Secondly, given that movies are primarily a visual medium, complex psychological and emotional states are challenging to get across with novelistic power. It’s easy enough to drop readers directly into a character’s thoughts in a book. The equivalent in film—the voice-over—isn’t nearly as effective and can’t be sustained to the same degree as prose without losing most of the audience. There are a few stream-of-consciousness rants in CYNOPOLIS that would be impossible to replicate on film without veering into quasi-Terence Malick territory. 

Q: Do you write primarily to entertain your readers? Or, do you also embed a message or two in your stories?

David W. Edwards: At the risk of sounding hopelessly insular, I write to entertain myself. I gravitate to the stories I wish already existed. Imagining what my amorphous readership wants would lead to madness as readily as any secret grimoire of H.P. Lovecraft’s. When it’s appropriate to the story, I also try to give it some elevated sensibility or purpose beyond entertainment. CYNOPOLIS has a definite moral center, though I’ll leave it to readers to suss out the novel’s meaning.

Q: How relevant is credibility in a paranormal story? What will drive a paranormal reader crazy if they encounter it in your story?

David W. Edwards: Credibility is of paramount importance. That’s why I conducted loads of research for CYNOPOLIS. Getting the mundane details right is what makes the fantastic elements of your story believable. I spent a week in Detroit shadowing a no-kill dog rescue operation, participated in police ride-alongs, conducted a variety of interviews and risked the attention of the NSA in researching the answers to questions like ‘How can you explode a rocket without its piezoelectric arming mechanism?’

If I’ve done my job right, the only thing that will drive a reader crazy is the anticipation of learning what comes next.

Q: What’s next?

David W. Edwards: I’m currently editing the first in a new series of books, Nightscape Double Feature No. 1. The book consists of two pulp-style novels and will be published in a tête-bêche or dual-cover format like the old Ace Doubles. The first novel, The Thousand-Eyed Fear, is set near the end of World War One. It’s about a ragtag group of teen soldiers tasked with infiltrating a secret German base that harbors a terrible supernatural threat. The second novel, The Blood Canvas, is a pre-World War Two murder-mystery featuring a female French detective who uses surrealist art techniques to uncover clues. Credit goes to genre veterans Derrick Ferguson and Sean Taylor for their exceptional work on these stories. The book has a February 2016 pub date.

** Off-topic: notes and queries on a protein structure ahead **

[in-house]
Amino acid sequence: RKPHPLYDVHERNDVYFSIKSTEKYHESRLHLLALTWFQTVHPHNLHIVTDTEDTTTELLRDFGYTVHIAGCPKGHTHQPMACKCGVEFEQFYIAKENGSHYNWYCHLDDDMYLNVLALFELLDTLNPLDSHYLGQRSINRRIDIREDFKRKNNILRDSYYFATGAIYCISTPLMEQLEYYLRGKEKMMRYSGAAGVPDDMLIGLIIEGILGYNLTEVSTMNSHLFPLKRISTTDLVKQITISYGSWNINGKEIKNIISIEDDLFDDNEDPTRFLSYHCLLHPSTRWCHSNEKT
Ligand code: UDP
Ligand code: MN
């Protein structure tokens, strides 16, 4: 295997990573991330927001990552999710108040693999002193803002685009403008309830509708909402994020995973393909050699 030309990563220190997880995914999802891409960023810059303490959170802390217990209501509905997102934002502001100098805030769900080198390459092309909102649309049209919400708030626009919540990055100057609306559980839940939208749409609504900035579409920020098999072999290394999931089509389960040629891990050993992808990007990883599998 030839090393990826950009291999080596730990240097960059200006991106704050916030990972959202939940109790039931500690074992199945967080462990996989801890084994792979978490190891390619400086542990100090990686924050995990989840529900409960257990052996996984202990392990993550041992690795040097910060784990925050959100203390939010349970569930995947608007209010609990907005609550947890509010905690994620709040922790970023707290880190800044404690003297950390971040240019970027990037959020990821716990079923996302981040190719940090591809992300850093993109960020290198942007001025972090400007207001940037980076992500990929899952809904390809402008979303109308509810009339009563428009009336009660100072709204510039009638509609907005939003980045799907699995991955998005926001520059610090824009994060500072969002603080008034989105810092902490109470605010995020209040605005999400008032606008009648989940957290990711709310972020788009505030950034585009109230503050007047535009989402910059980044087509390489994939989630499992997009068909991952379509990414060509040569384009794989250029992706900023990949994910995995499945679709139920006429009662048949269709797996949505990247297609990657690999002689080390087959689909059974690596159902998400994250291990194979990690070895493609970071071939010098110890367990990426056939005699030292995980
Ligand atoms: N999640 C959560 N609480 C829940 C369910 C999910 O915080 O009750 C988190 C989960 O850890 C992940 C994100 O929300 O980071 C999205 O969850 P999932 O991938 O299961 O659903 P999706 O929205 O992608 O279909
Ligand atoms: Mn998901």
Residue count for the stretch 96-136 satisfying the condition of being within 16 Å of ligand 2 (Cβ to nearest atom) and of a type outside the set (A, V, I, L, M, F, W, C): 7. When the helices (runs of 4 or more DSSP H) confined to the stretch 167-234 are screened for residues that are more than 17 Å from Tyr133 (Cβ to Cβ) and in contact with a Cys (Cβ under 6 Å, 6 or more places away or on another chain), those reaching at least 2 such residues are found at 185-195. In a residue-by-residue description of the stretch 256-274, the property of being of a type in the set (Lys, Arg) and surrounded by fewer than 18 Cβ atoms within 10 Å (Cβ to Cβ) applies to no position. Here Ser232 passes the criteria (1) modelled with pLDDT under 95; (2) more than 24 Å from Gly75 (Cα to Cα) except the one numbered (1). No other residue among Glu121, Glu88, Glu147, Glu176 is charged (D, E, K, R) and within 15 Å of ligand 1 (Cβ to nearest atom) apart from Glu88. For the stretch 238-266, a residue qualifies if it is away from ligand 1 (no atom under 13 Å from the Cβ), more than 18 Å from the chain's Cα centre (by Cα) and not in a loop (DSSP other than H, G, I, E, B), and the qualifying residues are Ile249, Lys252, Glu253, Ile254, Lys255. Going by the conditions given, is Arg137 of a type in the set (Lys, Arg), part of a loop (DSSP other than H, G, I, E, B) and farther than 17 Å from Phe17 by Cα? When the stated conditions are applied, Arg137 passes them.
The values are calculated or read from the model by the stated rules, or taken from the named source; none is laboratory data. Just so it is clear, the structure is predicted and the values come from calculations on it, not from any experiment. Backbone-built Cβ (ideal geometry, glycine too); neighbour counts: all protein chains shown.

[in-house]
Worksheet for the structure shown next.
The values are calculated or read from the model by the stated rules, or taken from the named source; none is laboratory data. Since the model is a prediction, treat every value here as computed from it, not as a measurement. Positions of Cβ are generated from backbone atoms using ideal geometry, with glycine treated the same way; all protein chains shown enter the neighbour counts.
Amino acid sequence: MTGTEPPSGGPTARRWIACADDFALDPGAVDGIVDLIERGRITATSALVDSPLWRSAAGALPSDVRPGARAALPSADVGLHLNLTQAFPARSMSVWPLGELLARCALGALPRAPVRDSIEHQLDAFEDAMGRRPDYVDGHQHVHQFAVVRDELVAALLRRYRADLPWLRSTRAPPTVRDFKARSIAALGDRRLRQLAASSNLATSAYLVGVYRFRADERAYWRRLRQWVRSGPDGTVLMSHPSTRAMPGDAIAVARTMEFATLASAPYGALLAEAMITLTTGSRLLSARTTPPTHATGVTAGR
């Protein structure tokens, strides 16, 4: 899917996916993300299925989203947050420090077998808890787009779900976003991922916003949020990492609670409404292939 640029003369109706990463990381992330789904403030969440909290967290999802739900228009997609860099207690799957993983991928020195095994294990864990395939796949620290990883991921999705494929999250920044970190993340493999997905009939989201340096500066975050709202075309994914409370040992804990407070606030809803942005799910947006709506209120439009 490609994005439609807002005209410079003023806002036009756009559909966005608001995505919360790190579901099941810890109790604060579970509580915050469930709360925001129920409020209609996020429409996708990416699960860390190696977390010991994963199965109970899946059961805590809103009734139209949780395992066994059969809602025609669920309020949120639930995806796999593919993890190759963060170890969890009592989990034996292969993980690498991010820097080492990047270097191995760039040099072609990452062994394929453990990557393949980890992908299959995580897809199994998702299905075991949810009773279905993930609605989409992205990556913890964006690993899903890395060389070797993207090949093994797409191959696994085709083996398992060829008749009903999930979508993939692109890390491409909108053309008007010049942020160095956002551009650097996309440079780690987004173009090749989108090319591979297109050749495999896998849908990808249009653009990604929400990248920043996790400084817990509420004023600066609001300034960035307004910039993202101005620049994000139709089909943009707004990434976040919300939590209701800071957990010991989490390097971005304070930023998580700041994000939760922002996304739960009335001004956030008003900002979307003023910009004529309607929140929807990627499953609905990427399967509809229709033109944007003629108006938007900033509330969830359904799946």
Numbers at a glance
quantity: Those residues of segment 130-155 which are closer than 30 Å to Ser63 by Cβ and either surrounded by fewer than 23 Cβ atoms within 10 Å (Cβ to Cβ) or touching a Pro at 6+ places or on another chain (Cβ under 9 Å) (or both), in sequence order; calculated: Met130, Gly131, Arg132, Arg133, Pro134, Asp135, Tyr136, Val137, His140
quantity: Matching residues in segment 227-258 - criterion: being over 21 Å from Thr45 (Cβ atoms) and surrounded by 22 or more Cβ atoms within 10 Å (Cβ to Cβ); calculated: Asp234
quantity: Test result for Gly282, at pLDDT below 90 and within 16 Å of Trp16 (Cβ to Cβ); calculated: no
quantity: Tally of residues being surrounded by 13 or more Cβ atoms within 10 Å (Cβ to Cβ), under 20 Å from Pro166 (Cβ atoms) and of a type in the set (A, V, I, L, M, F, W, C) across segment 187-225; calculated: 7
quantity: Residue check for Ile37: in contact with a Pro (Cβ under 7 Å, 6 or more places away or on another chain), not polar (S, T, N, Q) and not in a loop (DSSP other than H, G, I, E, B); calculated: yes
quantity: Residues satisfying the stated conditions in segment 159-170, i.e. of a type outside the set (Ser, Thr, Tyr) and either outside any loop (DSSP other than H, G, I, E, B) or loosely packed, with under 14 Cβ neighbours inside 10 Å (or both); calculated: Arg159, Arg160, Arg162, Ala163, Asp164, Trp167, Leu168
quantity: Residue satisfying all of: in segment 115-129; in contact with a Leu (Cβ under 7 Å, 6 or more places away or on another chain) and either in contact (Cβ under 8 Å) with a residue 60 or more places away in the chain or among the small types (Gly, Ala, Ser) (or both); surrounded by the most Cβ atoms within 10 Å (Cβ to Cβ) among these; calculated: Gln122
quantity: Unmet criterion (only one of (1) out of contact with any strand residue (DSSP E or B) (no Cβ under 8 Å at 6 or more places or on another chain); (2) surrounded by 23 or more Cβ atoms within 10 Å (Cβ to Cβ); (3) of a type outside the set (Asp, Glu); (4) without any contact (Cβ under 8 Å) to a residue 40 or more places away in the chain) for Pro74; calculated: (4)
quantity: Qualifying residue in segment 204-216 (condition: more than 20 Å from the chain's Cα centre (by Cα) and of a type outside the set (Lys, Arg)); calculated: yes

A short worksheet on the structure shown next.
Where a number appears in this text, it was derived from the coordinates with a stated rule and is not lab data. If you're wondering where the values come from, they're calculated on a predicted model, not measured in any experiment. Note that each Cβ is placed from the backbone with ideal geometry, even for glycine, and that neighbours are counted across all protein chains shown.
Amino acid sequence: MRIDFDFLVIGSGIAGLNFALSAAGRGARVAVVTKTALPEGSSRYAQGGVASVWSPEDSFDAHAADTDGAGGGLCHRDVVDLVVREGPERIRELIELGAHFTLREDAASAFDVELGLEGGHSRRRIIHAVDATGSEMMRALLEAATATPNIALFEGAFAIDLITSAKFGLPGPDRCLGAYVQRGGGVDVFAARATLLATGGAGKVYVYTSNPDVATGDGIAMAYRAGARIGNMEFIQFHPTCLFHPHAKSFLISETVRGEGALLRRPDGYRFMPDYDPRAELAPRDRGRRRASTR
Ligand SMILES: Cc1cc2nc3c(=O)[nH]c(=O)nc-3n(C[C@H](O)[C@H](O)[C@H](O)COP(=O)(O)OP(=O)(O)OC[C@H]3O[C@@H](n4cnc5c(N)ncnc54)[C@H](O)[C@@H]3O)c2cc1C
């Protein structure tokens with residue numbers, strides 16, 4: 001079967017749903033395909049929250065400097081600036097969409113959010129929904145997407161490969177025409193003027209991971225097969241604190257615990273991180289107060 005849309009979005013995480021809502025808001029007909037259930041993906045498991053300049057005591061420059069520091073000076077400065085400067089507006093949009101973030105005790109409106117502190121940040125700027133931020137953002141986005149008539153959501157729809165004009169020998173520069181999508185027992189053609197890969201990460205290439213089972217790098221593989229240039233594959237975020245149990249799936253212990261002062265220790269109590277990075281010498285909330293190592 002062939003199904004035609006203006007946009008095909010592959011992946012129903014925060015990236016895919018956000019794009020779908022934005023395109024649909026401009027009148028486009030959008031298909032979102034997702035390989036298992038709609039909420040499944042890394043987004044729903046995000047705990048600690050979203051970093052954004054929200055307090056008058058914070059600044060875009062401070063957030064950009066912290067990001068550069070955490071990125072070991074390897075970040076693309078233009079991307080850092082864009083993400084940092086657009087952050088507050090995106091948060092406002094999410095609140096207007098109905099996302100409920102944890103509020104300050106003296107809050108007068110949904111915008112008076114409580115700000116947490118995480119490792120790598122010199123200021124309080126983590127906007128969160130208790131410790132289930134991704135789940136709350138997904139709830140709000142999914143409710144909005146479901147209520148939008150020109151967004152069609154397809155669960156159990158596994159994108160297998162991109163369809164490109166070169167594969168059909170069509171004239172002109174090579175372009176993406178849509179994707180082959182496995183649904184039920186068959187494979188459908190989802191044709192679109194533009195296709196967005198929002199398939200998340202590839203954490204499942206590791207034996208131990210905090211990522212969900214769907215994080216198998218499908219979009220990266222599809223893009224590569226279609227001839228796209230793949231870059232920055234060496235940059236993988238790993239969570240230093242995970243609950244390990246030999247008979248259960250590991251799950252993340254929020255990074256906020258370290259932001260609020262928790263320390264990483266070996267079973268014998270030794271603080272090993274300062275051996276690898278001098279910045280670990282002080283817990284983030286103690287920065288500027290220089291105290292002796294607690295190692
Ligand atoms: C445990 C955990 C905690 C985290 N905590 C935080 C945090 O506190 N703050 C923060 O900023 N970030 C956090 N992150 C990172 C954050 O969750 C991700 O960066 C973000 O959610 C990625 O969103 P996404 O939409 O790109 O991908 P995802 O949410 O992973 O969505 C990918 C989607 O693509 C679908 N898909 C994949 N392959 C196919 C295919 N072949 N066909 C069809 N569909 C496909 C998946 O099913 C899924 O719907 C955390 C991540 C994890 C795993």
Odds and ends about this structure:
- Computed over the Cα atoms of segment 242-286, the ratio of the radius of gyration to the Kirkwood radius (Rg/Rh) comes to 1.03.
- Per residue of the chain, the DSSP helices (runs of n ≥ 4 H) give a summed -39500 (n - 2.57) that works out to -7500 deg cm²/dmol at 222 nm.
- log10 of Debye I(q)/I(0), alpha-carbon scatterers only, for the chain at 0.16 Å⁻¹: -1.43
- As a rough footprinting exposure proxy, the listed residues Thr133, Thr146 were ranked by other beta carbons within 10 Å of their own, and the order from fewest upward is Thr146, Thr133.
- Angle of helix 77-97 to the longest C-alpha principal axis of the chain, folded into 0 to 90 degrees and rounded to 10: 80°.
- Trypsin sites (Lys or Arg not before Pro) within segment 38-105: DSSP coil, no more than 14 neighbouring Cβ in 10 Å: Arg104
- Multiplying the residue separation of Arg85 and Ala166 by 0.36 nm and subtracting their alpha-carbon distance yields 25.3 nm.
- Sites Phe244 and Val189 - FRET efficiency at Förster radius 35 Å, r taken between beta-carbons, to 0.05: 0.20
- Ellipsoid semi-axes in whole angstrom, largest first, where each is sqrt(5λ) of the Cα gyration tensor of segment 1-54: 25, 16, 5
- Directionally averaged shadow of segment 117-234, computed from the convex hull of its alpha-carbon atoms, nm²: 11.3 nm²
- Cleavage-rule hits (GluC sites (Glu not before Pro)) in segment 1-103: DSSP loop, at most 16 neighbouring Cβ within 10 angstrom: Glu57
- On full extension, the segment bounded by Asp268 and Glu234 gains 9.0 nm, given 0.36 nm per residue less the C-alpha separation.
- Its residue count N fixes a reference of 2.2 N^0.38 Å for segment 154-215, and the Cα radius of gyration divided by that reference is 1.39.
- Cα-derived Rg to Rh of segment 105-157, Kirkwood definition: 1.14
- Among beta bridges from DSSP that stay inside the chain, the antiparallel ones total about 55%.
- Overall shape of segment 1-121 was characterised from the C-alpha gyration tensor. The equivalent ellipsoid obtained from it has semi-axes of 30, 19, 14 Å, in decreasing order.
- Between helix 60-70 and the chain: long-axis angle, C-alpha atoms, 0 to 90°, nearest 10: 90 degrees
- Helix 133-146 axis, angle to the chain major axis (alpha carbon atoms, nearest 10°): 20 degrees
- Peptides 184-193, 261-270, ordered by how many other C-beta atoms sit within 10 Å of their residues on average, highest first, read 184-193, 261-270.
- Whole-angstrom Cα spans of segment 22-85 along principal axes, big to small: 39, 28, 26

Following that, I plan to issue a Nightscape concept album in the vein of Rush and Black Sabbath, along with another novel, Nightscape: Among the Unsaved. There’s certainly no shortage of ideas, just the time and resources to realize them.

Q: Tell us about David W. Edwards. What do you like to do when you’re not writing?

David W. Edwards: I have a fairly demanding day job as a market research-based business consultant. Most of my spare time outside of that or writing-related activities is spent with family or friends. My wife and I enjoy hiking in and around our hometown, and take in the occasional movie in the theater (my preferred venue). I also participate in a low-stakes poker game about every six weeks or so. I’m not a great poker player, but I’m not one to shy away from a little risk.
About David W. Edwards

David W. Edwards is the writer, director and producer of the feature film Nightscape and author of the novels NIGHTSCAPE: THE DREAMS OF DEVILS and NIGHTSCAPE: CYNOPOLIS.  He attended the University of Southern California’s prestigious screenwriting program and earned bachelor’s and master’s degrees in English Literature while working for a variety of Hollywood production companies. He’s the founder and former CEO of a successful high-tech market research firm, and a former two-term state representative. He currently lives in Hillsboro, Oregon with his family.


Detroit’s eastside has seen its share of horrors. Once-proud factories gutted for scrap. Whole neighborhoods burned out and boarded up. Nature drained of color. But nothing like this: a thought-virus that turns the city’s dogs feral and its underclass into jackal-headed beasts.

The city erupts in chaos and nightmare violence. Communication in or out is impossible. The skies fill with lethal drone copters and airships bristling with heavy-duty cannon. Abandoned to their separate fates among hordes of monsters, the few surviving humans must find a way to elude the military blockade preventing their escape or defeat the virus at its source—before government forces sacrifice them all.

Breakneck action, rogue science and deft portraiture combine for a grand and gripping tale of urban terror.


Website  Readers can order a discounted and signed edition of the book from this site

Wednesday, October 28, 2015

WHAT THE EXPERTS SAY: Katalin Kennedy, Author

Katalin Kennedy, Author
Katalin Kennedy describes her newest novel, RECONNECTING, as “plausible or realistic fiction” about relationships older women create as they enter new life segments. Although she writes fiction, Kennedy focuses on relationships in her books and primarily targets women, but has been pleased that men have read and appreciated her novels.

Kennedy is currently working on her third book to involve relationships. When she's not writing, she participates in a variety of organizations and causes, and loves to travel. She currently lives in Cornwall, Ontario.